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Pacific Hydro finds UTM improves its environment

Simon Sharwood

Renewable energy company Pacific Hydro has adopted Watchguard's unified threat management appliances and says the quality of their firewall and ease of administration have improved security

Daniel Hayward has some unusual security challenges.

The Global IT Manager for Melbourne-based renewable energy company is in charge of offices around Australia, but also controls presences in the USA, Chile and Brazil.

Pacific Hydro operates in these far-flung locations thanks to its expertise in the creation and operation of hydro-electric and wind power facilities, which have seen it win business in locations including the Philippines and Fiji. The company has five new wind farms under construction around Australia and seven hydro-electric under way in Chile, in addition to many existing plant around Australia and the world.

"These sites can hold a lot of data that is very confidential," Hayward explains. "We do not want that data exposed. It could be potential ideas and proposals or information about operating assets."

"Security is a big concern and a breach would impact revenue."

IT resources are another concern that Hayward decided to do something about when the company's firewall fleet reached the end of its working life.

"One of the most important things we wanted was a better graphical user interface so we could make the immediately, without needing consultants."

"Hiring people is costly and

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slow: we want to be able to make changes on the fly and make changes for our different offices in different time zones instead of waiting for local support. We need to be able to make changes ourselves and we need office to be able to administer the system for the world."

Hayward assessed the market and felt that unified threat management (UTM) appliances from Watchguard were the best fit for the company's needs, with the devices' intrusion detection capabilities standing out.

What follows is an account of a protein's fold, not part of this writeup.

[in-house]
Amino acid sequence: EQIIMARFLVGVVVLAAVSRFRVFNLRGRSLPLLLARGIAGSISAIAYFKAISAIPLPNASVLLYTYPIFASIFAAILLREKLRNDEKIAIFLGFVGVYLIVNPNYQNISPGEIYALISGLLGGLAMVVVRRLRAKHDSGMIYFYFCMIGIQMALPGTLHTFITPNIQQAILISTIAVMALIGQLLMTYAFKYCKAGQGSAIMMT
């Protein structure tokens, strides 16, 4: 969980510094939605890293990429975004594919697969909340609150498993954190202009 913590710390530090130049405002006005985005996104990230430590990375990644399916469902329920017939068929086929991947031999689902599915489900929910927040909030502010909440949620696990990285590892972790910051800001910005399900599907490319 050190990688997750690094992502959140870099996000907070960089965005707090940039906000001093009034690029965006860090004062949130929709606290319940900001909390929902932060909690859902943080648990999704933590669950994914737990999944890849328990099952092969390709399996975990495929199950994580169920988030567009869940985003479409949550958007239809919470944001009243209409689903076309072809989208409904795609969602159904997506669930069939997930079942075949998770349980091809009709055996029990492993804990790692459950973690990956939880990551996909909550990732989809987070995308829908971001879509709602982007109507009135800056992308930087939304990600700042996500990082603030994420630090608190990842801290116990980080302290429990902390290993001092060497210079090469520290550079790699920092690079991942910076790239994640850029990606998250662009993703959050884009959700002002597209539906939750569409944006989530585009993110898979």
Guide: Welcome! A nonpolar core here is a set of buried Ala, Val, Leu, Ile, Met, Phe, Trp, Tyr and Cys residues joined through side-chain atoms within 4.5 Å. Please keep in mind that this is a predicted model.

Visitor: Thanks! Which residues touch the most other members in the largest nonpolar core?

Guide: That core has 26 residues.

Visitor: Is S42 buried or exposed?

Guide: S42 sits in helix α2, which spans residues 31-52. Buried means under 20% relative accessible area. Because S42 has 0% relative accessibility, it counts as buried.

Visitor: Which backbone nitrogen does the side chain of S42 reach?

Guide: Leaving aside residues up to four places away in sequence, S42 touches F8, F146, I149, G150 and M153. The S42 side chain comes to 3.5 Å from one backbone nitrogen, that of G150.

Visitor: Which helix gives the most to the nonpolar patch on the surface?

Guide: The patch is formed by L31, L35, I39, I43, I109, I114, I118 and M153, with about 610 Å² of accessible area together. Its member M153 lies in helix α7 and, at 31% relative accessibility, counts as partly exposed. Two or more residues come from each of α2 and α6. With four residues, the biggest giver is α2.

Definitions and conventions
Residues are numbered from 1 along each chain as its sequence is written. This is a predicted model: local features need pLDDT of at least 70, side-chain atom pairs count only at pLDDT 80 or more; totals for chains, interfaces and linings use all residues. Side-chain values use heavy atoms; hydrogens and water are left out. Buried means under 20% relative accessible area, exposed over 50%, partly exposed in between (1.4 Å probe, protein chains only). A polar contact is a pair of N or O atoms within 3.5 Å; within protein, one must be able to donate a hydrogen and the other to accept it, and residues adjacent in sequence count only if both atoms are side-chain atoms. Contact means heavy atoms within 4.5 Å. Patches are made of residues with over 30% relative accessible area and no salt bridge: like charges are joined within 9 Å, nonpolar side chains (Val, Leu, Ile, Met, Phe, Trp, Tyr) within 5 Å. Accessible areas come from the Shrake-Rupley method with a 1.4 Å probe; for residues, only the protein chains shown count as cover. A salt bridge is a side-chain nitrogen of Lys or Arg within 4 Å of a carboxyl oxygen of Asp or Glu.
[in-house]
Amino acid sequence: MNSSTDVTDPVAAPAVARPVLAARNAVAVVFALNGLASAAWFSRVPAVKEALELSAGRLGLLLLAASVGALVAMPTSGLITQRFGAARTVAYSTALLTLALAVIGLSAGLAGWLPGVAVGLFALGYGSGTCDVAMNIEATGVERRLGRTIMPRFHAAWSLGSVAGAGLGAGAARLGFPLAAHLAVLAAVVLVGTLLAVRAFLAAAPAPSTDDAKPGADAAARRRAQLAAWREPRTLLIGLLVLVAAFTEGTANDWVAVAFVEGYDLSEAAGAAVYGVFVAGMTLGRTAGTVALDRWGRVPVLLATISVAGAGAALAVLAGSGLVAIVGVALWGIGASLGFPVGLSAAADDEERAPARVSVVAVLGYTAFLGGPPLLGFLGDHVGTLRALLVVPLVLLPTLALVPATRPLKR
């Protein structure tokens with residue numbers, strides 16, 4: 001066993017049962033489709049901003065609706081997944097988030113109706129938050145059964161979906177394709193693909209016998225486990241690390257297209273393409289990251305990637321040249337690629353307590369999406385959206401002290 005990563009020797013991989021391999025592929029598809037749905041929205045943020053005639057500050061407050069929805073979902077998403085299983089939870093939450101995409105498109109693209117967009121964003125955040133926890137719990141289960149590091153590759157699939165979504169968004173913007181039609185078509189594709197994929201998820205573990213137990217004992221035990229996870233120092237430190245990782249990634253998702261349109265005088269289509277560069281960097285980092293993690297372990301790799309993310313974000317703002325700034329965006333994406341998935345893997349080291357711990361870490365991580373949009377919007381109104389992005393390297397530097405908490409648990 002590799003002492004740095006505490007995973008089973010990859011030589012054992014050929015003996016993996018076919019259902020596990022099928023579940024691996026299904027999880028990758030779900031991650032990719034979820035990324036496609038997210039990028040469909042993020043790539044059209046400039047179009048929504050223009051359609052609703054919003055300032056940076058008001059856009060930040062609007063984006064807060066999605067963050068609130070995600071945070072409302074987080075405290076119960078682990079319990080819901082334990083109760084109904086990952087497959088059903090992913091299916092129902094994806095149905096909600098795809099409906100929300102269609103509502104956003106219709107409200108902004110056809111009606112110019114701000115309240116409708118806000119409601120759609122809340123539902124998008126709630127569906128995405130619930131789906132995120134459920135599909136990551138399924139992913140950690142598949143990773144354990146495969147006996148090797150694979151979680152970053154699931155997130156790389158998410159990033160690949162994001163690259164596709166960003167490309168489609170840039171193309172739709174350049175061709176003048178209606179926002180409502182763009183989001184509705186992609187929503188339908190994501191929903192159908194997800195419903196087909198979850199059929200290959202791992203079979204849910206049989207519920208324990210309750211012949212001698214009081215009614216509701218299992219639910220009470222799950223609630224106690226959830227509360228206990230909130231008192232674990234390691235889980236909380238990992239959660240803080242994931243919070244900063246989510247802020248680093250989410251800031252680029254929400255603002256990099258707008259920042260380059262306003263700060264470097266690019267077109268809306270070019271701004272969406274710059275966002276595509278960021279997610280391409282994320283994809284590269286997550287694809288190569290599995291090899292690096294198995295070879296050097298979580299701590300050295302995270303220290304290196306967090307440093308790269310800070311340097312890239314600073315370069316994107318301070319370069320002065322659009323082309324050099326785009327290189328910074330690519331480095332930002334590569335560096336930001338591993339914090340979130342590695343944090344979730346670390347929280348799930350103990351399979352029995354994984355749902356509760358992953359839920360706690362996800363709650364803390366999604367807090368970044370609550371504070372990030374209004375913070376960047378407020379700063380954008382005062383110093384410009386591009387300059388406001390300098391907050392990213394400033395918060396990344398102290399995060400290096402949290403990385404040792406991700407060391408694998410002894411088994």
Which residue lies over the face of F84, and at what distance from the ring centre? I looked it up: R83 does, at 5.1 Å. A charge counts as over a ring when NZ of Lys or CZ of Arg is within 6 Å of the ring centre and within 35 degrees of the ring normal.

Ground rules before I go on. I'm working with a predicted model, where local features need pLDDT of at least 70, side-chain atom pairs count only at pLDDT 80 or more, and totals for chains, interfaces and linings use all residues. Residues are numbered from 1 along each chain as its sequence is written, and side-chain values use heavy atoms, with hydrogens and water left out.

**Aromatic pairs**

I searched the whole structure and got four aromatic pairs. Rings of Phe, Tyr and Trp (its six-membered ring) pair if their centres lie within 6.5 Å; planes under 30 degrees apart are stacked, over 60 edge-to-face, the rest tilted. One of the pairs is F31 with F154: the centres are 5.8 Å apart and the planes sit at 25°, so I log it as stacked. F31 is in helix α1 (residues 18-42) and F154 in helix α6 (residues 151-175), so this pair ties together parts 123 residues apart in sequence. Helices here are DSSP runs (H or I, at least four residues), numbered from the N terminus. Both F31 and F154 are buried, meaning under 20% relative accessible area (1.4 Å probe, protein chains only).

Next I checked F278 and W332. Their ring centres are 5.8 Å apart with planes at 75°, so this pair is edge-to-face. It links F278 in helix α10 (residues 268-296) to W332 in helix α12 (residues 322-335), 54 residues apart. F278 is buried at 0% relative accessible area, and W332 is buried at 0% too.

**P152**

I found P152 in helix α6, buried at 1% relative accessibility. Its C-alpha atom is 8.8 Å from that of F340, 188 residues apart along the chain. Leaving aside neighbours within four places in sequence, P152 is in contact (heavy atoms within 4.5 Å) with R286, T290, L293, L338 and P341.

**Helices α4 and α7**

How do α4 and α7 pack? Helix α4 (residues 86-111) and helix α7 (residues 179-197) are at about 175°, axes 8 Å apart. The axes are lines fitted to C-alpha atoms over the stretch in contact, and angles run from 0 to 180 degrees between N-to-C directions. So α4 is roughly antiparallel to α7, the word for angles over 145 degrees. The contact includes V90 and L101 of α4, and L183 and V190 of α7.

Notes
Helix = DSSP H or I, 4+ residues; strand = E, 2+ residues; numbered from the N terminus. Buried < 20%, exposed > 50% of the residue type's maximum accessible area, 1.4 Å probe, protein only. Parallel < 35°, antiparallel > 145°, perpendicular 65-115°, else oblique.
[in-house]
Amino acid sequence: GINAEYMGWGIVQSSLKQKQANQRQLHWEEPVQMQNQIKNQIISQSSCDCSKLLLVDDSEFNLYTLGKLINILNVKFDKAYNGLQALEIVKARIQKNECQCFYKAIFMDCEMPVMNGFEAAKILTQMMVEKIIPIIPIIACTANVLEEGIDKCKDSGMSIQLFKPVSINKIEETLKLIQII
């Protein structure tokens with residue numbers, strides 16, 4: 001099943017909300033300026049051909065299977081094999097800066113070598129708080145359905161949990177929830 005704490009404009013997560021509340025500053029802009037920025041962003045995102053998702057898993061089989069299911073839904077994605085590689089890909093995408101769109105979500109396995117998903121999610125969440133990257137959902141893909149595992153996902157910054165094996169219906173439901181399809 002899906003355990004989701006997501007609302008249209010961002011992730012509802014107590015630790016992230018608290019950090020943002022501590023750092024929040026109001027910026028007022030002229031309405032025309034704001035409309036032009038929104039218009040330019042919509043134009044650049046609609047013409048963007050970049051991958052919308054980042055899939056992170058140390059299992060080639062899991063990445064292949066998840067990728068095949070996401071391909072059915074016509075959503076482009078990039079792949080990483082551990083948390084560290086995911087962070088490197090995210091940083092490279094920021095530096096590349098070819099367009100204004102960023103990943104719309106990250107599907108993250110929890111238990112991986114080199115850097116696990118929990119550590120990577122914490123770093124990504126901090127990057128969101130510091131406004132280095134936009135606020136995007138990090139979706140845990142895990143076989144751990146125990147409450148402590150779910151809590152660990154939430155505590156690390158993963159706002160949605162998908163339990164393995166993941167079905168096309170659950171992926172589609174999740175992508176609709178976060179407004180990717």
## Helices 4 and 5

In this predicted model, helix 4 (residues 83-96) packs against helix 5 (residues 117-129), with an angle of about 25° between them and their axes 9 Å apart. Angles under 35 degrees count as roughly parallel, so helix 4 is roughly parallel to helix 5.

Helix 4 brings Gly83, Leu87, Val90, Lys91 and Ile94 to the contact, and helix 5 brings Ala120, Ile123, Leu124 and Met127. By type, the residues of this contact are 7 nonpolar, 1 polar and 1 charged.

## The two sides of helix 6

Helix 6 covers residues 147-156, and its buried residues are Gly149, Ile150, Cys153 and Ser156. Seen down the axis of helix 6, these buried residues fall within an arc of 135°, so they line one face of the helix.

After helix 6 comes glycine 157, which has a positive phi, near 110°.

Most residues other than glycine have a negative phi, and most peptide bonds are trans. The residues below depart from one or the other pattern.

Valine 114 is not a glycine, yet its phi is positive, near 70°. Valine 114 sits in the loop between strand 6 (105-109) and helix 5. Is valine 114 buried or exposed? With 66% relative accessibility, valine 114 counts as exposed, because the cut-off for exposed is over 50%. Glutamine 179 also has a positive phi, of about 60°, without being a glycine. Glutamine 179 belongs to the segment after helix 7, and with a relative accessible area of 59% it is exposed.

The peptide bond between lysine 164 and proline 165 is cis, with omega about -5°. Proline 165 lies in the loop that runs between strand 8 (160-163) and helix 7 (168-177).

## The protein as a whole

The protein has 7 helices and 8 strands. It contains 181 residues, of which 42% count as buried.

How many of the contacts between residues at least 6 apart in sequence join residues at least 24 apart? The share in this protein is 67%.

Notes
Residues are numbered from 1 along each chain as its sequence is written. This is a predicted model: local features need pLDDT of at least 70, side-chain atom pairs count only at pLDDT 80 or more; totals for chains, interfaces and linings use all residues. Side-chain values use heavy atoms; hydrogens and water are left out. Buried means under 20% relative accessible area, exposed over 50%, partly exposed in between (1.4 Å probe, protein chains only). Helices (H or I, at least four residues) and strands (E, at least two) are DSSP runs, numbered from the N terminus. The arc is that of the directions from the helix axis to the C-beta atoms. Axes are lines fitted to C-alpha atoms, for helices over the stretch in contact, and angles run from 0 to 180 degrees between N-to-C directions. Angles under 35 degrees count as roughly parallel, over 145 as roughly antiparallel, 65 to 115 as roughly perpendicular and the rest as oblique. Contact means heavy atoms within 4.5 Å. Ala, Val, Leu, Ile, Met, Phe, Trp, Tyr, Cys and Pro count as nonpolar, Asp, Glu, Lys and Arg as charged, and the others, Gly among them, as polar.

Ease of use was another important consideration.

"We needed an interface we could all work on together without a week long course," he says. The UTM devices offered the ease of use the company needed, making it possible for all of the distributed team to work on the machines.

While the new machines did just the job Hayward hoped for on the firewall front, he soon notice other benefits even though he had not intended UTM to replace the company's other security tools.

"We decided the UTM is the point of entry and the more things you can do there, the better. With things like spam and anti-virus we have made Watchguard our first line of defence and left the other measures in place. This means we block things before they get to the network and to the servers. It has taken a huge load off the gateway servers."

The appliances' content filters have also proved useful.

"We have started to realise what sites were being blocked," Hayward says. "We like to be a relaxed organisation. Staff are allowed to use Hotmail or Facebook. But we saw some sites we needed being blocked and some others we did not want getting through."

"Bandwidth is costly and some sites could represent a risk," and the unlooked-for content filtering tools in the UTM are now helping on both fronts.

Even though the company now relies on a single appliance for so many functions, Hayward does not feel at all exposed or that the company has taken on extra risk.

"I feel confident with so much resting on one device because I have researched the product," he says. "We tested it and have not been disappointed."

"And it is ten times better than what we had."

"We now have integrity of data, ease of management and therefore reduced costs. We have cut bandwidth costs and increased available bandwidth due to the reduction in traffic going through," he says.

"The biggest factor is peace of mind," Hayward concludes. "We're very happy with our decision."